Posted: Mon 21st Sep 2020
Few words divide opinion - certainly in the business world - as much as 'innovation'.
Is it the key to responding to change and uncovering new opportunities - and therefore securing a competitive advantage? Or has it become a buzzword that's not only lost its meaning, but puts undue pressure on entrepreneurs and small business owners?
First, let's explore its definition - which, in a recent chat between Enterprise Nation founder Emma Jones and Plus X co-CEO Mat Hunter, was settled on. Innovation is about getting ideas to market. The source of new ideas, they said, was better serving people's needs.
So, if your business is serving people's needs in a new way, you're an innovator. And, in a crowded marketplace, this is arguably pretty important if you want to get noticed.
Or is it?
Do start-ups have to be innovative?
In an article for Forbes in 2015, PGi founder and CEO Boland Jones wrote that start-ups "are challenged simply by the pressures of our economic climate to innovate or die. It's enough to drive a budding entrepreneur insane". Why, he argued, should they have to create the next industry-shaping idea?
Sergii Shanin, CEO of eTeam, went so far to say that start-ups "shouldn't be innovative". Writing on the company's blog, he said they "don't have to invent new technology, they [can] bring fresh approaches to solving problems with existing technology".
These "fresh approaches", though, arguably fall within Emma and Mat's definition. A fresh approach constitutes a new idea - one that can go to market and succeed. Being innovative, then, doesn't necessarily mean creating entirely new concepts.
How can small businesses innovate?
The short answer: by serving people's needs via a new product or fresh approach. But this has one glaring omission: the future. How will people's needs change in the next five years? The next decade?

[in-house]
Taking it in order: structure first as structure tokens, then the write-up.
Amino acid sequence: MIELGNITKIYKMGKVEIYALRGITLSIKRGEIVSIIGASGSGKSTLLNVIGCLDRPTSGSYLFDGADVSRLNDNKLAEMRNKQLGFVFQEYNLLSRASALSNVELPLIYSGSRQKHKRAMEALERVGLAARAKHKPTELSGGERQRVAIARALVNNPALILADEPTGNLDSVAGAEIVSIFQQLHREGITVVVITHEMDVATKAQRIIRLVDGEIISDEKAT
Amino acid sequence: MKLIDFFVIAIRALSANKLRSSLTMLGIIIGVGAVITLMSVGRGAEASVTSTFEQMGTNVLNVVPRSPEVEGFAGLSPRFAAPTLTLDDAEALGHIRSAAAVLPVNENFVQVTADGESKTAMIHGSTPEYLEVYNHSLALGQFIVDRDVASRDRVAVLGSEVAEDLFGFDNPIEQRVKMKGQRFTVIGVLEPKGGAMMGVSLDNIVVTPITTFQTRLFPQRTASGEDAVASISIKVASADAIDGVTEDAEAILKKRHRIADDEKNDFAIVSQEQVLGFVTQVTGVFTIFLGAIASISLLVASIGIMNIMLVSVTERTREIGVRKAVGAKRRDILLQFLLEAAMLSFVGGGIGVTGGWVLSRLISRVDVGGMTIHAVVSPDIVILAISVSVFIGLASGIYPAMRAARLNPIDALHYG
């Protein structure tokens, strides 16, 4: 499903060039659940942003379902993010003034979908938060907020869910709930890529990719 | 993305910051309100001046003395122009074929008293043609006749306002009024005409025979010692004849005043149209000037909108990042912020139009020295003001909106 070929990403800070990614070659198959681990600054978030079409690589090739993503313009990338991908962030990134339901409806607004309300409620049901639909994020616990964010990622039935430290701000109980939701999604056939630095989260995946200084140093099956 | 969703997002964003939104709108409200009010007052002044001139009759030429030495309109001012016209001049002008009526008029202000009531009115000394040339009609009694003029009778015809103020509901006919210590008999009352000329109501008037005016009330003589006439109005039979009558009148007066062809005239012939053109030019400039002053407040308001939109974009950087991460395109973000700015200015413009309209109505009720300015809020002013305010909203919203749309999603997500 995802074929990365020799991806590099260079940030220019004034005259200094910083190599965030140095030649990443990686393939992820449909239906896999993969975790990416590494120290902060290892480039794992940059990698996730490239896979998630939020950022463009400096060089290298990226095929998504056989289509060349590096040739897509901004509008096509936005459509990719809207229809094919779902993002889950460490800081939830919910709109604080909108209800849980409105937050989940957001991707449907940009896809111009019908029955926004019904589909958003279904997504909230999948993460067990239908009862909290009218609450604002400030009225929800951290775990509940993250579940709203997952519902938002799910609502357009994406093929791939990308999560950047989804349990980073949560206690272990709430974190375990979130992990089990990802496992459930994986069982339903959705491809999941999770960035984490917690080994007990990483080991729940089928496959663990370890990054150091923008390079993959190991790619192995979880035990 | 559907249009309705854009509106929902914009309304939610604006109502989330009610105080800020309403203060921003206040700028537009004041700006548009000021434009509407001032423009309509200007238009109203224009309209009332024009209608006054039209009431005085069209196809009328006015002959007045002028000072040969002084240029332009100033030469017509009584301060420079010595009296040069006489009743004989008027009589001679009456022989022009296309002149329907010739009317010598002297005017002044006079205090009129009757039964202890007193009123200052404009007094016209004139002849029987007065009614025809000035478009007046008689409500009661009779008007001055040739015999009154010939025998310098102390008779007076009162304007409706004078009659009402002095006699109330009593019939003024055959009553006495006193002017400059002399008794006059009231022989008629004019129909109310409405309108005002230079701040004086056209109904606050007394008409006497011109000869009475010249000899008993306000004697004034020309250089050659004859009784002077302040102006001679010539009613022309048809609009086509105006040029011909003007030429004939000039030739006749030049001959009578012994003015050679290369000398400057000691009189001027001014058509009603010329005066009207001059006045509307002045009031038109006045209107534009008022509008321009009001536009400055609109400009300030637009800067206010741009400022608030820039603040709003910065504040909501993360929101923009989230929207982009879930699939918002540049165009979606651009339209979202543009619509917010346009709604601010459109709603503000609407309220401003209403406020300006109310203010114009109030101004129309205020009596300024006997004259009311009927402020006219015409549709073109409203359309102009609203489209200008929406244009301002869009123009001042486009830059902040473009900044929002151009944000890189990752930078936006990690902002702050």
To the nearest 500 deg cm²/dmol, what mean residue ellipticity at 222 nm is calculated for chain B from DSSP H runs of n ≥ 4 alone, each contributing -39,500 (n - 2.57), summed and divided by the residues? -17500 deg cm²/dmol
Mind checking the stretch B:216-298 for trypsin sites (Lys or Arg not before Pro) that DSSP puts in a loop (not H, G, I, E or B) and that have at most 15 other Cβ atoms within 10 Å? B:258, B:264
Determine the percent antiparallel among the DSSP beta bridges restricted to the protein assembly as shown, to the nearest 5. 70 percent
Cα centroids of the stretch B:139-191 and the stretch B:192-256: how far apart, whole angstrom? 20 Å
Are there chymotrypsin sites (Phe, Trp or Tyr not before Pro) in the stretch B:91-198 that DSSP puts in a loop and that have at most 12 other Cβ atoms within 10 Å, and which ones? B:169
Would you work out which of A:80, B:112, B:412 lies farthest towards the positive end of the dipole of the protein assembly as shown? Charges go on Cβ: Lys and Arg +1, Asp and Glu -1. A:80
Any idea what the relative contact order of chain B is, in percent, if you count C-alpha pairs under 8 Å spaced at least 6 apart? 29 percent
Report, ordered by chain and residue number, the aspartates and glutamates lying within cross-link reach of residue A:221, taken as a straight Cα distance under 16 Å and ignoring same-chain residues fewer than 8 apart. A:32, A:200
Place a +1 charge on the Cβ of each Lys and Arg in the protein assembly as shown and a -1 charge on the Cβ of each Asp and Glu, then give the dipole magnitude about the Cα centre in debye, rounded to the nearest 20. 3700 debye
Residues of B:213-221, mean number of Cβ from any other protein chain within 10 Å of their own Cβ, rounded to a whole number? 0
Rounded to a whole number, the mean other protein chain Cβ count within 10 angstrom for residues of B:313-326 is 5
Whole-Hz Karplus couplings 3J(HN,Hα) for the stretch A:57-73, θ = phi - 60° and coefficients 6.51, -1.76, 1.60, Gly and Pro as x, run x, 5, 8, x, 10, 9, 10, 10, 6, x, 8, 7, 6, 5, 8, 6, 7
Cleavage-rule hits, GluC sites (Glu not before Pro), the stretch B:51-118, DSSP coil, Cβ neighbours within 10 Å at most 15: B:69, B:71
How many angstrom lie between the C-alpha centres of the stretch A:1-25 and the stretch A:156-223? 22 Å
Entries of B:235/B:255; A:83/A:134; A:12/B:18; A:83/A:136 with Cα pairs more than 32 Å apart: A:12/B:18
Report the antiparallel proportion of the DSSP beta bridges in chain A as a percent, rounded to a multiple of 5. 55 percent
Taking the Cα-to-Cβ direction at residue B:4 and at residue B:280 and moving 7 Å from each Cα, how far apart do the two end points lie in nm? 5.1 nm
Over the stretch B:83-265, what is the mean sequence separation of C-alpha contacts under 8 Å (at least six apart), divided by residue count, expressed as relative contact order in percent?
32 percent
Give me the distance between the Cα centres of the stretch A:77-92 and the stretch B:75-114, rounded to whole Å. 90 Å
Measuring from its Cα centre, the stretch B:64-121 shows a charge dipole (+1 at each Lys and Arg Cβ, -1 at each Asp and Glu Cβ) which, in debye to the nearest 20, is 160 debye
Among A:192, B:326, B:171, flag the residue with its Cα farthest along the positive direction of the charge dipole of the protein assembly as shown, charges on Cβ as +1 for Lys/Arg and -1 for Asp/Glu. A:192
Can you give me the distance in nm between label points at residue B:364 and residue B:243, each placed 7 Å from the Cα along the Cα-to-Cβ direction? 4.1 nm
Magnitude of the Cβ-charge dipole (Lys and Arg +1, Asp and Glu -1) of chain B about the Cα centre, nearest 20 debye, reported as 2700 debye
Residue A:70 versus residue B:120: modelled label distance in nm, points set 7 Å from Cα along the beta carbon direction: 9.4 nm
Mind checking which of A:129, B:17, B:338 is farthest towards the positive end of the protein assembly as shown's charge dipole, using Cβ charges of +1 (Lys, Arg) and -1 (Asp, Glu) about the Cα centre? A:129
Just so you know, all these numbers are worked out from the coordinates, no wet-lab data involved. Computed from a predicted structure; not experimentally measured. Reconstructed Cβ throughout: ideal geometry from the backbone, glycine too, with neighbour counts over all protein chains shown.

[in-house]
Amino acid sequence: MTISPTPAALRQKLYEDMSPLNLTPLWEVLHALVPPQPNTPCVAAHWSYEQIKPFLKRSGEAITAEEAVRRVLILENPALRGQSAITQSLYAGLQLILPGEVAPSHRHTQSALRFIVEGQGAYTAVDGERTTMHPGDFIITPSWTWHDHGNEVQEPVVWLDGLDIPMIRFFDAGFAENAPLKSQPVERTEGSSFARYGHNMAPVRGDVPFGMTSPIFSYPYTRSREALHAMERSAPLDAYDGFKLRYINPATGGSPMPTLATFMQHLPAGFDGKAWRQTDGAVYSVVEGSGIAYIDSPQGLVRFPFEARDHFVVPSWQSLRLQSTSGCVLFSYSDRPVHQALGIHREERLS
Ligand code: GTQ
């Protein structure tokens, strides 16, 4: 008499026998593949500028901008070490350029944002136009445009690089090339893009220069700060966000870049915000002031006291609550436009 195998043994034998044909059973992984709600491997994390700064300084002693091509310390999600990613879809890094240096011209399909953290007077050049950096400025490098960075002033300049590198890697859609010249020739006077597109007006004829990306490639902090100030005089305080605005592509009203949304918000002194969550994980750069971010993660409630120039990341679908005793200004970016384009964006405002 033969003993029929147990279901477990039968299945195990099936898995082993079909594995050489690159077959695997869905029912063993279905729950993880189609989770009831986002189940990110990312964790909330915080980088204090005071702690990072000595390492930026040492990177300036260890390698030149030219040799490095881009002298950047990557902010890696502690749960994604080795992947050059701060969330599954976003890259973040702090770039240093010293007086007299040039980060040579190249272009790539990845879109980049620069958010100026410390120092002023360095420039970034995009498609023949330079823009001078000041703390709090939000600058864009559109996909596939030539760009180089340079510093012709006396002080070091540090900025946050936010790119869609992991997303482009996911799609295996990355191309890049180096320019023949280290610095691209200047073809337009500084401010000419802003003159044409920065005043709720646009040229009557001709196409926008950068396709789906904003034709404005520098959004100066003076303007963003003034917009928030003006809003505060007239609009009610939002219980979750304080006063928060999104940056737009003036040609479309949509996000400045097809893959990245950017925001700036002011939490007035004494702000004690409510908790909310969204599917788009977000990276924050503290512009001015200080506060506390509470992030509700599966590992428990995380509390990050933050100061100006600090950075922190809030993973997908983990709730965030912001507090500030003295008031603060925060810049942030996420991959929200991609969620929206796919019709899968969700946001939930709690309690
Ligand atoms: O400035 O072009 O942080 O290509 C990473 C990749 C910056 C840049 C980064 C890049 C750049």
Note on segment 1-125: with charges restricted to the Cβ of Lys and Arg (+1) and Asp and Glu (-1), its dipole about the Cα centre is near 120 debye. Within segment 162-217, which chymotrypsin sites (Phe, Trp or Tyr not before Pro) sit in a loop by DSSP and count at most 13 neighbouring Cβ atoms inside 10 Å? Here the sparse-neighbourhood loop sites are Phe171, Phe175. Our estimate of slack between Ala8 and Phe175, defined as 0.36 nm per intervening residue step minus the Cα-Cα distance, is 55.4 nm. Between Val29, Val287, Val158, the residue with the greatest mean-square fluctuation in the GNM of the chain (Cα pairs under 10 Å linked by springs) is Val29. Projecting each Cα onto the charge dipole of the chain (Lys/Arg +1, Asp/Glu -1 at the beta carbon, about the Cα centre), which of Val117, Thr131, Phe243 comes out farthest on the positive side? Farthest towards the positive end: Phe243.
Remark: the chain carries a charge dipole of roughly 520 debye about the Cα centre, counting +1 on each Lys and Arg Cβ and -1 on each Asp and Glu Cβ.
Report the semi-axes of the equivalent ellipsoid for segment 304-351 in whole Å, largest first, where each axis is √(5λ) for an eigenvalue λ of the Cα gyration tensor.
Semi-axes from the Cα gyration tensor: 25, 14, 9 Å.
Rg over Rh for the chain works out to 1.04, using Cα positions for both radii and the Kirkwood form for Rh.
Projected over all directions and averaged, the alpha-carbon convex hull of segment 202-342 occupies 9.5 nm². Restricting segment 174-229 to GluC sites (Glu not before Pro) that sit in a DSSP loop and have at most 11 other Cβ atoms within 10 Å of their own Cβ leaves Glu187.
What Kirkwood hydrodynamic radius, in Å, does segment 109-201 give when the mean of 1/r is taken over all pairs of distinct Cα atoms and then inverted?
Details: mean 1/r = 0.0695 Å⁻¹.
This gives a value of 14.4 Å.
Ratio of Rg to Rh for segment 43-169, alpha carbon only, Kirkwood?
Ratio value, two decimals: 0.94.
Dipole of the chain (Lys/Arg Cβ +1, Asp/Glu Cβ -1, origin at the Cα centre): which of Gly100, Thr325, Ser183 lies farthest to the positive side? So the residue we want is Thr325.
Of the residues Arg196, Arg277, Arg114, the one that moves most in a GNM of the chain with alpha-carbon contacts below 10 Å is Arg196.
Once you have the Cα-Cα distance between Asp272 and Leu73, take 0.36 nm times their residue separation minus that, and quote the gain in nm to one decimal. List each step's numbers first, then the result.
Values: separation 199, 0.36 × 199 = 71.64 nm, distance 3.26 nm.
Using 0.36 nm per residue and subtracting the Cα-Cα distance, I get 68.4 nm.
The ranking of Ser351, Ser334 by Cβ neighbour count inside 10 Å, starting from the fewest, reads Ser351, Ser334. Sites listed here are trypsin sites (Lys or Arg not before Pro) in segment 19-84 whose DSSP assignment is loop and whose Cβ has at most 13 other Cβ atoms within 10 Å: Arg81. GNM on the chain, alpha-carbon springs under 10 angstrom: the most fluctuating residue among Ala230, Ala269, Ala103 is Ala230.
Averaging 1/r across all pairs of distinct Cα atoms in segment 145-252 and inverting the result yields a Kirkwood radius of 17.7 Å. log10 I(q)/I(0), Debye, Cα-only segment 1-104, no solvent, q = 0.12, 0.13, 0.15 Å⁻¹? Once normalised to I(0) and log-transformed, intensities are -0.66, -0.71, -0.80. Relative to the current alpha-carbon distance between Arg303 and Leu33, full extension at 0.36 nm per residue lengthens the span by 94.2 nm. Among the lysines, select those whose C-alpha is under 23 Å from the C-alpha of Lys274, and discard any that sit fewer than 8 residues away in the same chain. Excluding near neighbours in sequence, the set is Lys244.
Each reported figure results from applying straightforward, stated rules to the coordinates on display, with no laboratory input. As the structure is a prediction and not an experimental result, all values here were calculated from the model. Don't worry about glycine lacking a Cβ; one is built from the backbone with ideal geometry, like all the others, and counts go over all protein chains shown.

As Emma and Mat said, understanding your customer is key. Bear in mind, though, that they can't necessarily see how their needs will evolve. As Henry Ford may or may not have mooted: "If I had asked people what they wanted, they would have said faster horses."
No one can predict the future, but there are clues as to how things are changing - looking at consumer lifestyle shifts, for example, or seeing how other industries are tackling pressing challenges.
Small businesses are in a fortunate position. They're more agile, adaptable and, arguably, ambitious. If successful large businesses excel at optimising their models, successful small ones can excel at innovating.
A great resource is McKinsey & Company's eight essentials of innovation - a multi-year study that identifies the key attributes necessary to be innovative. It's really for larger companies, but there are some great takeaways. Like, for example:
Look for insights by methodically and systematically scrutinising three areas: a valuable problem to solve, a technology that enables a solution, and a business model that generates money from it
Companies thrive by testing their promising ideas with customers early in the process, before internal forces impose modifications that blur the original value proposition
Resources and capabilities must be marshalled to make sure a new product or service can be delivered quickly at the desired volume and quality
So innovation hasn't lost its meaning?
The pressure to be seen as innovative, to sound innovative, has undoubtedly led to the word being overused and misapplied. This may have watered down its meaning, but its core definition remains. Real innovation exists - you may just have to look a little harder to find it.